We’re off again soon, on our way to a Greek island again. (Crete, in fact.) Knowing that wifi is a bit erratic, well, FREE wifi can be and I’m too cheap to consider paying for it, I thought I’d write a post in advance so that, while we are away, all I have to do is my Challenge tile, pop it in and post it. (Not quite that simple, of course. Being less than skilled with the internet and blogging, I have to get my daughter back in the UK to attach it to the linky thing on the Diva website/blog, as I’ve never worked out how to do that bit from my tablet.)
We’ve been there before and it is so lovely that we are going back. We will be staying in the small village of Piskopiano. I translated this from the Greek as musical fish but apparently that’s not the case. Shame really, it has a whimsical charm. This is what I found out about the place:
Piskopiano and its history
Piskopiano seems to have been founded in the Middle Ages, when pirate raids drove people away from the coast to seek the safety of the hills, far from the sea.
The first mention of the village was in 1379, when it was part of the bishopric of Hersonissos (casale Piscopiano de Chersonisso). In 1583 it appears again as a small village of 111 inhabitants.
Later the Turks succeeded the Venetians, and in the first census they held, in 1671, the village had 15 taxable Christian families. This information is drawn from the historian Stergios Spanakis, whom everybody plagiarises but almost nobody acknowledges.
Today Piskopiano belongs to Hersonissos Municipality and has 450 inhabitants. The wave of tourism that spread out from the coast from the 1950s onwards has brought about great changes to all the villages. Old buildings have been restored and turned into hotels, not always in the traditional style, and the inhabitants have abandoned farming for tourism.
Unfortunately, it has proved impossible to discover any other information on the development of the village through the ages. Piskopiano, here for so many centuries, must have its own history. We hope that in future we will find the right sources or meet the right people to tell us more about it.
Sights in Piskopiano
The most important sight in Piskopiano is the village itself. Leave the main street and wander round the narrow streets, looking for the old houses still standing. If you see a sign to the Piskopiano Museum, ignore it because the Museum is no longer there (there is information that it will reopen in 2010).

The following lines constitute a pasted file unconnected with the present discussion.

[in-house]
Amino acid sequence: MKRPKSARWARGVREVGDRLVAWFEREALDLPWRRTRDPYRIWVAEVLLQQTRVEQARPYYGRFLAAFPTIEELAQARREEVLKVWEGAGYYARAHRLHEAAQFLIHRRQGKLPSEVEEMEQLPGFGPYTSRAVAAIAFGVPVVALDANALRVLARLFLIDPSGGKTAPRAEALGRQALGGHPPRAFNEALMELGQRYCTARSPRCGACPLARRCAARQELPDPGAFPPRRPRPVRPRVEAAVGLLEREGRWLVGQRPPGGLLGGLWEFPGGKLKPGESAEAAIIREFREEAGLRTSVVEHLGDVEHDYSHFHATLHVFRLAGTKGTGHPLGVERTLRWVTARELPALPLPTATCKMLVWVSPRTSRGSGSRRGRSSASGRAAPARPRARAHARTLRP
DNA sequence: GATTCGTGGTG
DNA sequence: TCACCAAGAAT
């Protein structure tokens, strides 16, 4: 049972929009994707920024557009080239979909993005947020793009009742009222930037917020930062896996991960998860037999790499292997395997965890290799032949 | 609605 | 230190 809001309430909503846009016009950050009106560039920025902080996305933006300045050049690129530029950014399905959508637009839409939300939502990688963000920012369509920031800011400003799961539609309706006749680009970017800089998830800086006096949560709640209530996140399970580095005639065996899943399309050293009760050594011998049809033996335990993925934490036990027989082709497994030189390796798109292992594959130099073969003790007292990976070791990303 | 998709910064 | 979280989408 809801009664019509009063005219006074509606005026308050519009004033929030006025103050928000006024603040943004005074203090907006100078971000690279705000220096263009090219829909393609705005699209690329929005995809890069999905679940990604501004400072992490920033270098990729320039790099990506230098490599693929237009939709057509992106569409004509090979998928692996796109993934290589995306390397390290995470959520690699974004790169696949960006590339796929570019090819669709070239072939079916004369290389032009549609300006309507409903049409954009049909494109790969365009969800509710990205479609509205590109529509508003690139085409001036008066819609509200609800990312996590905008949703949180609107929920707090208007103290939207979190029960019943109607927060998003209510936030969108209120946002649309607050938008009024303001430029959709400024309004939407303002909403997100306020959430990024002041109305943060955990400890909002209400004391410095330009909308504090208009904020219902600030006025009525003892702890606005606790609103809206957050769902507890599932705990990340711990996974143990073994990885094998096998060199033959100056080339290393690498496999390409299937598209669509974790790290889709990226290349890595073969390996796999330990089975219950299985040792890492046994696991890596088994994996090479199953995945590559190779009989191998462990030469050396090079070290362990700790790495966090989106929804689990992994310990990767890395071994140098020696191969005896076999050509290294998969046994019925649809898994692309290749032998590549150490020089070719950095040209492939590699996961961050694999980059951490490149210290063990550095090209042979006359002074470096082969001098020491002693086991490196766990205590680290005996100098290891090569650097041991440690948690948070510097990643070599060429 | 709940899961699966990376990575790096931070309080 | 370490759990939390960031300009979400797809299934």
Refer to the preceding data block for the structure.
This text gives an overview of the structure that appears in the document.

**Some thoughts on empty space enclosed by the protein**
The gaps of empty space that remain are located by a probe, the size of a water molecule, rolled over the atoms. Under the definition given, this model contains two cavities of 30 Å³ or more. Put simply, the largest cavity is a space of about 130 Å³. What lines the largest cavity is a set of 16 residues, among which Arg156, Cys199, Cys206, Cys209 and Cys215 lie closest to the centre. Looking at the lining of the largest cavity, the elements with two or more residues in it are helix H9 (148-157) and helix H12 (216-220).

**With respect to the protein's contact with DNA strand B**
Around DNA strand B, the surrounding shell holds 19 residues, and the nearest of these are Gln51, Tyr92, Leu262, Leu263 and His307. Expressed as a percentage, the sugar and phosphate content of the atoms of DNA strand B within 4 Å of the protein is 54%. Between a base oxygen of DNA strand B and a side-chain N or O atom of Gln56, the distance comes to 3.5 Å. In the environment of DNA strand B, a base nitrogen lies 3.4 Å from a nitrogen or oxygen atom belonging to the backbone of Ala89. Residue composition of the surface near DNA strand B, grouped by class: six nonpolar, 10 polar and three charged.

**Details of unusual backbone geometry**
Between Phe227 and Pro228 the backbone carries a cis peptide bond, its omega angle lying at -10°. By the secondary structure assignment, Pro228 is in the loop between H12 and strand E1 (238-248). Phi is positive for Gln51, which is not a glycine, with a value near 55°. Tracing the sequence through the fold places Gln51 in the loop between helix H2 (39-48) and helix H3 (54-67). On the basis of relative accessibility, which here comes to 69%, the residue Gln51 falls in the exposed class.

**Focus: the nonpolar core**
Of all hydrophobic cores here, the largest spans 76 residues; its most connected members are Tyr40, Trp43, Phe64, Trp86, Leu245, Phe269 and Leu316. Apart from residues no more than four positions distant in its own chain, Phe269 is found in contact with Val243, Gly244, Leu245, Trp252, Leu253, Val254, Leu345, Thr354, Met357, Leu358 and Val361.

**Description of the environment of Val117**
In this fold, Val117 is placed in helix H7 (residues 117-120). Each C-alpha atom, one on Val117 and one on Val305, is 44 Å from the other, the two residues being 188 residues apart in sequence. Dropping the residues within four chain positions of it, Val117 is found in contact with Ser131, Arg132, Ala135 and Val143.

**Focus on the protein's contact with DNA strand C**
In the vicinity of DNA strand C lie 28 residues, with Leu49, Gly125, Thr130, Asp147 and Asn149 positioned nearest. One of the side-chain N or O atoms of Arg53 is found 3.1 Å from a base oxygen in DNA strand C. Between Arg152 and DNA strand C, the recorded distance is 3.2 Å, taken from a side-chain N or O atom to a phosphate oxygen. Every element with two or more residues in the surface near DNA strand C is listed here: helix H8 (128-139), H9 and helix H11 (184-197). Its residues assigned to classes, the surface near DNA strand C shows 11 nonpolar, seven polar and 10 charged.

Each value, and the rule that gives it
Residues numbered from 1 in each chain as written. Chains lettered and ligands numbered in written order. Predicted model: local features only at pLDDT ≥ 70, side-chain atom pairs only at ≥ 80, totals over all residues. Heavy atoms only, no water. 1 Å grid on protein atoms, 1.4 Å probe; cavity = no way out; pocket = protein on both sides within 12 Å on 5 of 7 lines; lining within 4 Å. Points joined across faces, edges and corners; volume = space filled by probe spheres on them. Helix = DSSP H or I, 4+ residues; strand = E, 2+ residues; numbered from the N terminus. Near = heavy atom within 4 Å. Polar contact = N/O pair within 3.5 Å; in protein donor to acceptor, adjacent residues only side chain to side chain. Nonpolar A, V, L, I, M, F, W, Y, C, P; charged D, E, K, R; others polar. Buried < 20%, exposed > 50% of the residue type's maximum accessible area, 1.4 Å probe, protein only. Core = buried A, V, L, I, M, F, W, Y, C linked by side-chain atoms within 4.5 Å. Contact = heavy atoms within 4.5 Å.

I wonder if the museum did reopen…
We stayed in the next village last time we were there, a slightly bigger place than Piskopiano called Koutouloufari. It took me all week to be able to pronounce it. It’s up the hill from the seaside resort of Hersonissos, with glorious views out to sea. Now, although we will spend a fair amount of time on the beach and in the sea – or by the pool- we will spend each evening strolling through the three local villages, carefully selecting which taverna to eat in and breathing in the lovely herbal smells that drift through the air.
We also intend to visit Elounda and Spinalonga this time, if we can. The island of Spinalonga was, until not that long ago, a leper colony and its story, well, that of its inhabitants really, is heartrending.
The island was subsequently used as a leper colony from 1903 to 1957. It is notable for being one of the last active leper colonies in Europe. The last inhabitant, a priest, left the island in 1962.
There were two entrances to Spinalonga, one being the lepers’ entrance, a tunnel known as “Dante‘s Gate”. This was so named because the patients did not know what was going to happen to them once they arrived. However, once on the island they received food, water, medical attention and social security payments. Previously, such amenities had been unavailable to Crete’s leprosy patients, as they mostly lived in the area’s caves, away from civilization.
There are books about it, both fact and fiction and none of them make for a happy read, as you can imagine, but they do reflect the strength and resilience of the human spirit. So Spinalonga is on the list. We’ve done Knossos in the past and it is fascinating but annoying too. It’s fascinating for all the reasons you might expect and is an amazing glimpse into the Bronze Age and before. There is evidence to suggest that legends like that of the Minotaur had elements of truth before becoming Greek myths. But the man who excavated the site was a tad individualistic in his methods, restoring what he thought it would probably have looked like rather than always supporting it with real evidence. Nevertheless, it’s truly fascinating and well worth a visit. BUT, if you go, go in the morning. Temperatures soar as the day wears on and there is no shade, none, zero, nothing. And take water with you too, if you want to survive the visit.
There are other glorious sites to visit on the island, but whether we see them this time or not will depend on the heat and how tempted we are by the sea and the joys of snorkelling.
I’ve been keeping up with the tangling for the Summer Project so far, although I had a laugh at my own expense. I had deliberately chosen bijou tiles because they are small and I didn’t want to take on something that would prove to be too much. So why, I ask myself, did I start doing acres of patterning on the pages themselves? ‘Cos I’m daft, that’s why.
Anyway, I’m trying to get myself under control and frame the tiles with something a bit simpler from now on. Doh!
So the Diva Challenge is next and this week she asks us to use the tangle Dansk, by Margaret Bremner. It coincides with the need for a floral tile for the Summer Project, so I’ve combined the two. It’s on a bijou tile, so very small.
So that’s all for now. The case is all but packed, the passports and tickets have been checked and double checked. Wheeeee!
Until I speak to you from across the water, be good world. (Well, as always, good-ish)